Okay, so monarchy doesn't do much for me. Weddings I can take or leave. And I haven't really paid that much attention to the British royal family since Prince Harry took over as The Hot One. But what do I love? Pageantry. And hats. And this Friday is going to be the unofficial inaugural International Pageantry and Hats Day as the once-hot Prince William marries the patient and enviably lanky Kate Middleton.

Now, I'm not going to actually be watching the proceedings--ain't no way I'm getting up at 3:00 a.m. to watch news coverage of the not-wedding part of a wedding, and I won't be able to watch the blessed event itself from my desk at work. But I will be enjoying a scone and a cup of tea in the couple's honor, and I will be assembling every available household item into a fascinator that can be seen from space and wearing it to all of my Friday meetings.

In the meantime, here's what will entertain one:

- News coverage of the wedding day by the BBC

- Kate Middleton for the Win. (Why is my champagne hand empty?)

- The honest-to-God, absolutely for-real Queen of England's Twitter feed.

- The Go Fug Yourself recap of Lifetime's original romance, Mother, May I Sleep With Royalty: William & Kate: The William & Kate Story: Inspired by True Events.

- My plans for my own eventual wedding, including a dancing archbishop, a leapfrogging groom, and the now-hot Prince Harry.

And now one must retire to pour oneself a drink and find curling ribbon and feathery cat toys to adorn one's hatband.

On birtherism, misogyny, and… math

Okay, so I'm not sure where it comes from. A few things, probably: a little blowback from all of the attention to Obama's birthplace (note: It's Hawaii. Let it go), a desire to discredit Sarah Palin any way possible, a love for absolutely anything salacious and conspiratorial. But the idea that Trig Palin is not Sarah's son but her grandson is for some reason picking up volume that seems impervious to logic.

An overview: Trig Palin (the one Sarah allegedly made) was born, as far as available evidence shows, on April 18. Tripp Palin (the one Bristol allegedly made) was born December 27 of that same year. Unless Bristol celebrated pushing out a six-pound baby by immediately getting' down and getting pregnant on the first try, and then promptly delivered a 36-week baby who weighed in at more than seven pounds, Trig can't be her kid. Math + biology. If you want evidence even solider than Obama's certificate of live birth, math + biology should do it.

There are two things that bug me about this controversy. One is the aforementioned math + biology issue. I love biology, and I particularly love math--if you want to discard math to support some wacky conspiracy theory, I'll be bugged. And the other is that I'm now forced to defend Sarah Palin. Do you know what that's like for me? Don't you like me? Why would you want me to do that?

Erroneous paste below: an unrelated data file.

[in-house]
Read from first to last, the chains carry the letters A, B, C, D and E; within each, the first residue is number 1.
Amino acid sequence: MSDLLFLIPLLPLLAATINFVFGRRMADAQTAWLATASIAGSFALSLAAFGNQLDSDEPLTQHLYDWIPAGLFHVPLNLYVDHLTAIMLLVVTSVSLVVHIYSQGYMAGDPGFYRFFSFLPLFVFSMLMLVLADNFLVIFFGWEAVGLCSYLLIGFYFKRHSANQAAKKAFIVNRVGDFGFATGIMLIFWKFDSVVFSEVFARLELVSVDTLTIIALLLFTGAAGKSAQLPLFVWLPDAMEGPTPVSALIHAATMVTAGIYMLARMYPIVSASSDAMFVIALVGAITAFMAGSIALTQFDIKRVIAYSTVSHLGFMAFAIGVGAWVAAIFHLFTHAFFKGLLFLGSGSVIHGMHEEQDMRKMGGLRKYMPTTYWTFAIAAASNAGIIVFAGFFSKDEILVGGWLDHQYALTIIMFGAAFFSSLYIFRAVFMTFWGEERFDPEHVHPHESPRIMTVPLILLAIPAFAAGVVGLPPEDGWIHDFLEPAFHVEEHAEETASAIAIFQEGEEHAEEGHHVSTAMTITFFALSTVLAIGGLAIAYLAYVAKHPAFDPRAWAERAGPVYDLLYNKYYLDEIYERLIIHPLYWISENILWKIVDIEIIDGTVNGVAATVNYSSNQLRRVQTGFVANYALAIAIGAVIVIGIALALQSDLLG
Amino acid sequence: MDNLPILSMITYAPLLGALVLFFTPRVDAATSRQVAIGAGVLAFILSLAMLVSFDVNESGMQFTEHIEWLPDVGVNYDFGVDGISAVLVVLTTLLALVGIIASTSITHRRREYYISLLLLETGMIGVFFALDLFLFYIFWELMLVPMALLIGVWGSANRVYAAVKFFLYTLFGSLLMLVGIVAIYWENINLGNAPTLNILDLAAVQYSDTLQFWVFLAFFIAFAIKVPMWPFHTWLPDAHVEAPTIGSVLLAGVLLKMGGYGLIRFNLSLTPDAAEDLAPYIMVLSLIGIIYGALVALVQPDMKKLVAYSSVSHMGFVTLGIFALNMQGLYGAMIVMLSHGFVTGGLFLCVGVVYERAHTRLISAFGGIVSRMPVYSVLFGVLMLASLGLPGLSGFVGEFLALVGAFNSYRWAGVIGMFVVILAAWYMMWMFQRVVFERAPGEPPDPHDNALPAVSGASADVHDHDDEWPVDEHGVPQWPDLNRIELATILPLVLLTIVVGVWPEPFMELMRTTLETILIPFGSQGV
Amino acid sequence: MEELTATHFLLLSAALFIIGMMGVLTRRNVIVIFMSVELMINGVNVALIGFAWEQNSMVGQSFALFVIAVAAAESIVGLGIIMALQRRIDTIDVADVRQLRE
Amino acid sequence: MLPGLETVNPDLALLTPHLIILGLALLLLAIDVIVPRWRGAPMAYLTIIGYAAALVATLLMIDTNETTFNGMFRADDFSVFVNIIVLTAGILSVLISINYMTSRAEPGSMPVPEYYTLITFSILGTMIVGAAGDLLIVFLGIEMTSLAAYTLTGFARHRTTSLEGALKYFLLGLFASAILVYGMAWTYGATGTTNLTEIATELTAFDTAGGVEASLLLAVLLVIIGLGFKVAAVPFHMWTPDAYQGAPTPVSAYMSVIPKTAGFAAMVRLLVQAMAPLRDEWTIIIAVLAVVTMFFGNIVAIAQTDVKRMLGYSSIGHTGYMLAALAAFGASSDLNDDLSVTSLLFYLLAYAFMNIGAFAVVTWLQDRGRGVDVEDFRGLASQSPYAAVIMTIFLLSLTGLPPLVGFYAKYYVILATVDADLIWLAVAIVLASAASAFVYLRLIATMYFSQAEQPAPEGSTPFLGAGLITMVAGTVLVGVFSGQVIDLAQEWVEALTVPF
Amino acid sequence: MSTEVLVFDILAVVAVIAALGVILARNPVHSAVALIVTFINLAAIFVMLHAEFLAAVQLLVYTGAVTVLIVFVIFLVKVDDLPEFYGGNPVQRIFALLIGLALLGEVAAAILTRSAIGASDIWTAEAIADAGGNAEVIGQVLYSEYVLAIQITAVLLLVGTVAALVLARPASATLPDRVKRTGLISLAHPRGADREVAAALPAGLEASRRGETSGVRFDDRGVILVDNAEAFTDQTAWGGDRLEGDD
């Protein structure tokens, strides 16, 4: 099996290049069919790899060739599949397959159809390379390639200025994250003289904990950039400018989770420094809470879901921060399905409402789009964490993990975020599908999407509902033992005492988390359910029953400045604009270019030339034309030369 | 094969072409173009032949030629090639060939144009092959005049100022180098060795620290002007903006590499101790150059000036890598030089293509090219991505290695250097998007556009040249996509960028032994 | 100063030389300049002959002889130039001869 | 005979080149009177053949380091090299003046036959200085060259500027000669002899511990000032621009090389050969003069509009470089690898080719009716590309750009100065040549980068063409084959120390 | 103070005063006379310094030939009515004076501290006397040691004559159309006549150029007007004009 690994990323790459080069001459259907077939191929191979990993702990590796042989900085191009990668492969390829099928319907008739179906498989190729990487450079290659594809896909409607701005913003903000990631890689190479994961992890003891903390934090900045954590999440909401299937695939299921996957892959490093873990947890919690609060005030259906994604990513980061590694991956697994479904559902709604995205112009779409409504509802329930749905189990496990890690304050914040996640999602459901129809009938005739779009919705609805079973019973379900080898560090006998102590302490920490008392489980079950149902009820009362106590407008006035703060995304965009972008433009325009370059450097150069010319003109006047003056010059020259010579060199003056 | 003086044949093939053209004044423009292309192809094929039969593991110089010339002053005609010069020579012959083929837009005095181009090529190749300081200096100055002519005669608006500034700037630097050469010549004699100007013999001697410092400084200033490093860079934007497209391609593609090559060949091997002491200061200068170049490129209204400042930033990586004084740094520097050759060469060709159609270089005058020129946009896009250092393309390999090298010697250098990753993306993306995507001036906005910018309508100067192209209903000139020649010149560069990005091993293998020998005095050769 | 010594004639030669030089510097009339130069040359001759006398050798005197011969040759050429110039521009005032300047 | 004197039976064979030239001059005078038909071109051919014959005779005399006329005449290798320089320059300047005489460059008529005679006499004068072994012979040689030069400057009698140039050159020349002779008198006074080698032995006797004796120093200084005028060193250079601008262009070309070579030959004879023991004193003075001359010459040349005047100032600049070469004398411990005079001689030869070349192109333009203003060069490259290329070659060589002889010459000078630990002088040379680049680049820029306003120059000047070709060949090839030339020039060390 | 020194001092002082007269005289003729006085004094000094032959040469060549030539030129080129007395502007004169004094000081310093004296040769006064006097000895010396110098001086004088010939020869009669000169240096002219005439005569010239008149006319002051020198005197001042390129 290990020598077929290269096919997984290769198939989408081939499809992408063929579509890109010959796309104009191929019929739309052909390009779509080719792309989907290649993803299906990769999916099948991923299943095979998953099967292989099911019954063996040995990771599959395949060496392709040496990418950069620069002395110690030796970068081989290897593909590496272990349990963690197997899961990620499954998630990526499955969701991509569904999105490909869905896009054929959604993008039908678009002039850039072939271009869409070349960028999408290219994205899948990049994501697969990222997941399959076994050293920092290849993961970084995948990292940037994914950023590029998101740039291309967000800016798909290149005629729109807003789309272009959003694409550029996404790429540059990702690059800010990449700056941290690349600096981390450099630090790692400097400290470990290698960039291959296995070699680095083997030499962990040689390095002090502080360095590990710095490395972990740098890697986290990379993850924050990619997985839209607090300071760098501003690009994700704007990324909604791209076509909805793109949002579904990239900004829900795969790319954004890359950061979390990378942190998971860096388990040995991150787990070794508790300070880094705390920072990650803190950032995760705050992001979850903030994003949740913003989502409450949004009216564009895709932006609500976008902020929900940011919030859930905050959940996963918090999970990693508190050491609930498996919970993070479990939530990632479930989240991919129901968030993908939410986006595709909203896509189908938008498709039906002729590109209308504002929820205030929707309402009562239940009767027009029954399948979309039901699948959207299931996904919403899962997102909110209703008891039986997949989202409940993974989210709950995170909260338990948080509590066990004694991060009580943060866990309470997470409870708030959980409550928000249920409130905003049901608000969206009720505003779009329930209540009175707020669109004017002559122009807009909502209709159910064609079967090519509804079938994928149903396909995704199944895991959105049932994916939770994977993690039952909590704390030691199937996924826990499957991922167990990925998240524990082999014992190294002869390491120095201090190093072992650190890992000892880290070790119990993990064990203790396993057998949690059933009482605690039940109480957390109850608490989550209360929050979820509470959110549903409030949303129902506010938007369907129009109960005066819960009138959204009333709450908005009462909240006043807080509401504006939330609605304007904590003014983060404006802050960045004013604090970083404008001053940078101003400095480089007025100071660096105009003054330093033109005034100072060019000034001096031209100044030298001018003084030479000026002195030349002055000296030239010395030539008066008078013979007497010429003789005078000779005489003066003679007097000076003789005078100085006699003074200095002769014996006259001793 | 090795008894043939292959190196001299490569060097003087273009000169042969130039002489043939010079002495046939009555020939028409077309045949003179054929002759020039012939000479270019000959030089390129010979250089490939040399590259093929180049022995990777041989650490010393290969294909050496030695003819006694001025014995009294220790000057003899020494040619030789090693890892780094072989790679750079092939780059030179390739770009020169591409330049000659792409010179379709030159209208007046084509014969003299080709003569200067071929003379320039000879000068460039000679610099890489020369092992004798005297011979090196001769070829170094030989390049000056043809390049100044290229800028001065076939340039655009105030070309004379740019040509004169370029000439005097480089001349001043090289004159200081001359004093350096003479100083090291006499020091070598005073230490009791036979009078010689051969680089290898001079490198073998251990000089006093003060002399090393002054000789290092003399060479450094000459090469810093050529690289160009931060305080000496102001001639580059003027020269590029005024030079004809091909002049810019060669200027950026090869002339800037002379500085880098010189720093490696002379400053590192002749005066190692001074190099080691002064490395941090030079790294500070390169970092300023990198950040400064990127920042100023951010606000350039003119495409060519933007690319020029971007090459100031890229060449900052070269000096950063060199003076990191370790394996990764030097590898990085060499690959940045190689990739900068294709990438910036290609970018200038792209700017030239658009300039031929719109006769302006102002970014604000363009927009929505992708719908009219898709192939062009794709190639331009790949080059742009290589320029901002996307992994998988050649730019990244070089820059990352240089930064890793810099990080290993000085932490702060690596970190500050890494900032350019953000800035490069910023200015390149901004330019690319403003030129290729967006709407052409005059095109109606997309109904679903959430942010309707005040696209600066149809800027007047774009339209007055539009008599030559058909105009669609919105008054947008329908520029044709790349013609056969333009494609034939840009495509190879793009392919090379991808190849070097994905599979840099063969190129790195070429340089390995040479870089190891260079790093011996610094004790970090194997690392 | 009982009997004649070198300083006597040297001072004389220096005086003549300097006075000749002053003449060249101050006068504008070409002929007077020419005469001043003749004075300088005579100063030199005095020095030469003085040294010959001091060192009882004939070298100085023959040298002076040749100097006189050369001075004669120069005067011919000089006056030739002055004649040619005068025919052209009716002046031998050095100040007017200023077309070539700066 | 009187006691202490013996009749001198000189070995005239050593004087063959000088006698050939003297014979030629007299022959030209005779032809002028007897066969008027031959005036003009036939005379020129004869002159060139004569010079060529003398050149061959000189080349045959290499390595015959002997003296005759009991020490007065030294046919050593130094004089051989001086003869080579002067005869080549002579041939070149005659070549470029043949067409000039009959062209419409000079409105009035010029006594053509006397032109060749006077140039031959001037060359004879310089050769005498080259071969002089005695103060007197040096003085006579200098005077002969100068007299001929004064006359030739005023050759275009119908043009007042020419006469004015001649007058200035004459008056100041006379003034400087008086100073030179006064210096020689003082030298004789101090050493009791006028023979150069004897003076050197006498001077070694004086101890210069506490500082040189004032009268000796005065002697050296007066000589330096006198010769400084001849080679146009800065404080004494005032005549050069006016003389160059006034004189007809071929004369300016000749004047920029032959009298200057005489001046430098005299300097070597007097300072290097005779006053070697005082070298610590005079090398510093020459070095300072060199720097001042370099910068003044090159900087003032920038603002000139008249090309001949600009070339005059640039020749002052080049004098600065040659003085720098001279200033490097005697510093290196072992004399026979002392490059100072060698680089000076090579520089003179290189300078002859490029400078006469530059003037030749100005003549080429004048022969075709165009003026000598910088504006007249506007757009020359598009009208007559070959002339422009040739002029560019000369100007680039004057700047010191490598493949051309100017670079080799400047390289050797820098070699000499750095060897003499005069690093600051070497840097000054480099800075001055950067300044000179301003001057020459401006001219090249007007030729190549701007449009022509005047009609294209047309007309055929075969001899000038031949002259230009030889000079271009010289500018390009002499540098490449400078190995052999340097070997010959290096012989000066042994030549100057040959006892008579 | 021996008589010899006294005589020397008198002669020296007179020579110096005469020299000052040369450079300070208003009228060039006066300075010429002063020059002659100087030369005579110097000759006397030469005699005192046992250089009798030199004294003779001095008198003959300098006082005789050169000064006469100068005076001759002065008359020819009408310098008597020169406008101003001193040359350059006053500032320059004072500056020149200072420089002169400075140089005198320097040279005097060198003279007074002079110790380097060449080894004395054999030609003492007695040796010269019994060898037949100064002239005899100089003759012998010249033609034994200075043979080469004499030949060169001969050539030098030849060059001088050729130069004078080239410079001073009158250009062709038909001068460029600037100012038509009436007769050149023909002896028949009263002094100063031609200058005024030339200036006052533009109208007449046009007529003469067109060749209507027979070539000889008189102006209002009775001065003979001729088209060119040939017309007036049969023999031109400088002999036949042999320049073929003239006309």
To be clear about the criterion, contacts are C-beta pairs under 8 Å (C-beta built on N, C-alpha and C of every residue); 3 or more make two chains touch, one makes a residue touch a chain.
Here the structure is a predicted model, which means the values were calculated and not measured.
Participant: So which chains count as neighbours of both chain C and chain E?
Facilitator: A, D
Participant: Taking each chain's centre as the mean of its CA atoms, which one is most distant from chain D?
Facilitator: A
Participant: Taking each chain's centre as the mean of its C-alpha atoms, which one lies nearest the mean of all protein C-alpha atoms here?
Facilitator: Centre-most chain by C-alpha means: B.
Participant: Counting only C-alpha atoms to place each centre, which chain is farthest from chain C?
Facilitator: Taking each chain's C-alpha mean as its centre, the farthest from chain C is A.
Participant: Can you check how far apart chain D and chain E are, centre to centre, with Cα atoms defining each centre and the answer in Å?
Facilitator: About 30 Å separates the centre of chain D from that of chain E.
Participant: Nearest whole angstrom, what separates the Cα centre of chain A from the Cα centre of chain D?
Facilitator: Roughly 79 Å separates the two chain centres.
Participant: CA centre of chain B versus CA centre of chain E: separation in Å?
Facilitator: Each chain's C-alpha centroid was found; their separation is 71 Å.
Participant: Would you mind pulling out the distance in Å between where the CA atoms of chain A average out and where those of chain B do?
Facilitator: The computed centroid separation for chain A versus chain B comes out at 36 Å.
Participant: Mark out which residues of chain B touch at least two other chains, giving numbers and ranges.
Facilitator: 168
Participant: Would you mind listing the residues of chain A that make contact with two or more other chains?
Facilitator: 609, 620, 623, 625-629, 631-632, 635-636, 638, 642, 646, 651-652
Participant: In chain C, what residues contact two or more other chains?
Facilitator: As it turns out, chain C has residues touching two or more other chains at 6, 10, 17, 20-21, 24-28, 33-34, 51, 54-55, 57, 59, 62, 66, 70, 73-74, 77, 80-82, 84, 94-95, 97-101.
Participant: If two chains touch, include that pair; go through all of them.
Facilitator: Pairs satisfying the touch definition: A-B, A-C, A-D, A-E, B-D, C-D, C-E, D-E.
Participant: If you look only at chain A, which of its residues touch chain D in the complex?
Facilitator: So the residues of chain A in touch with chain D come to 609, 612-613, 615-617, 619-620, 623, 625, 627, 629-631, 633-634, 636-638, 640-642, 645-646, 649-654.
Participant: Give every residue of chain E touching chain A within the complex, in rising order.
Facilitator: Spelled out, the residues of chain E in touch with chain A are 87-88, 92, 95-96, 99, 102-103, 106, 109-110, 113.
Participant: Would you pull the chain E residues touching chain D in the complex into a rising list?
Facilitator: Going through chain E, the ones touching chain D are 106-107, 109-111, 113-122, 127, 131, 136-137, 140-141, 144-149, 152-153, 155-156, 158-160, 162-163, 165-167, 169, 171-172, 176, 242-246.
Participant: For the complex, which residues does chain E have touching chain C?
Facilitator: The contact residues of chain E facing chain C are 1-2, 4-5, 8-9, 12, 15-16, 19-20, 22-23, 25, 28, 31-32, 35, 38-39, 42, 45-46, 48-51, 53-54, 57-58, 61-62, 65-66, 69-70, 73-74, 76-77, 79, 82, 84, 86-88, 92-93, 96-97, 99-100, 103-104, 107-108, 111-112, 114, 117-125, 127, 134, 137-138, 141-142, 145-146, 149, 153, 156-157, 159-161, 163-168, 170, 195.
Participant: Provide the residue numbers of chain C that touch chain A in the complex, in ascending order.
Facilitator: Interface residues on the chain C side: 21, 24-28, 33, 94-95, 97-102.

Monday, April 25, 2011

On Mashup Monday: Hair-whipping edition

Okay, so for some reason, folks are hating on Willow Smith, probably because of her connection to the rather wacky Will Smith family. Maybe because of her interesting sartorial choices. Maybe because her debut single centers around the incisive lyrics, "I whip my hair back and forth/I whip my hair back and forth/I whip my hair back and forth/I whip my hair back and forth/I whip my hair back and forth/I whip my hair back and forth." It hardly seems fair--she's just a kid. But still, if we're looking purely at the "I whip my hair back and forth"-to-other lyrics ratio...

Thom Yorke? Thoughts?

Thom Yorks/Willow Smith - Whip My Hair

I knew you'd take her side.

Sunday, April 03, 2011

On Friday on Fallon on Friday (on Sunday)

Okay, so here's the backstory: Rebecca Black is a 14-year-old girl in California who's into music. A friend of hers told her about this vanity record label in LA, Rebecca thought it sounded cool, and her mom coughed up $4,000 to produce a music video. The song, "Friday," has since gotten millions of views on YouTube, and charming critiques have gotten thrown around using words like "the worst song ever."

First of all: Not the worst song ever. Hardly. Not in a world where "Yummy Yummy Yummy" went gold.

Second: It really is bad.

Third: The Jimmy Fallon video above is really funny, mostly because they brought in Stephen Colbert, Taylor Hicks, the Roots, and the New York Knicks dancers for their own (let's admitted, pretty crappy) performance to... mock a 14-year-old girl.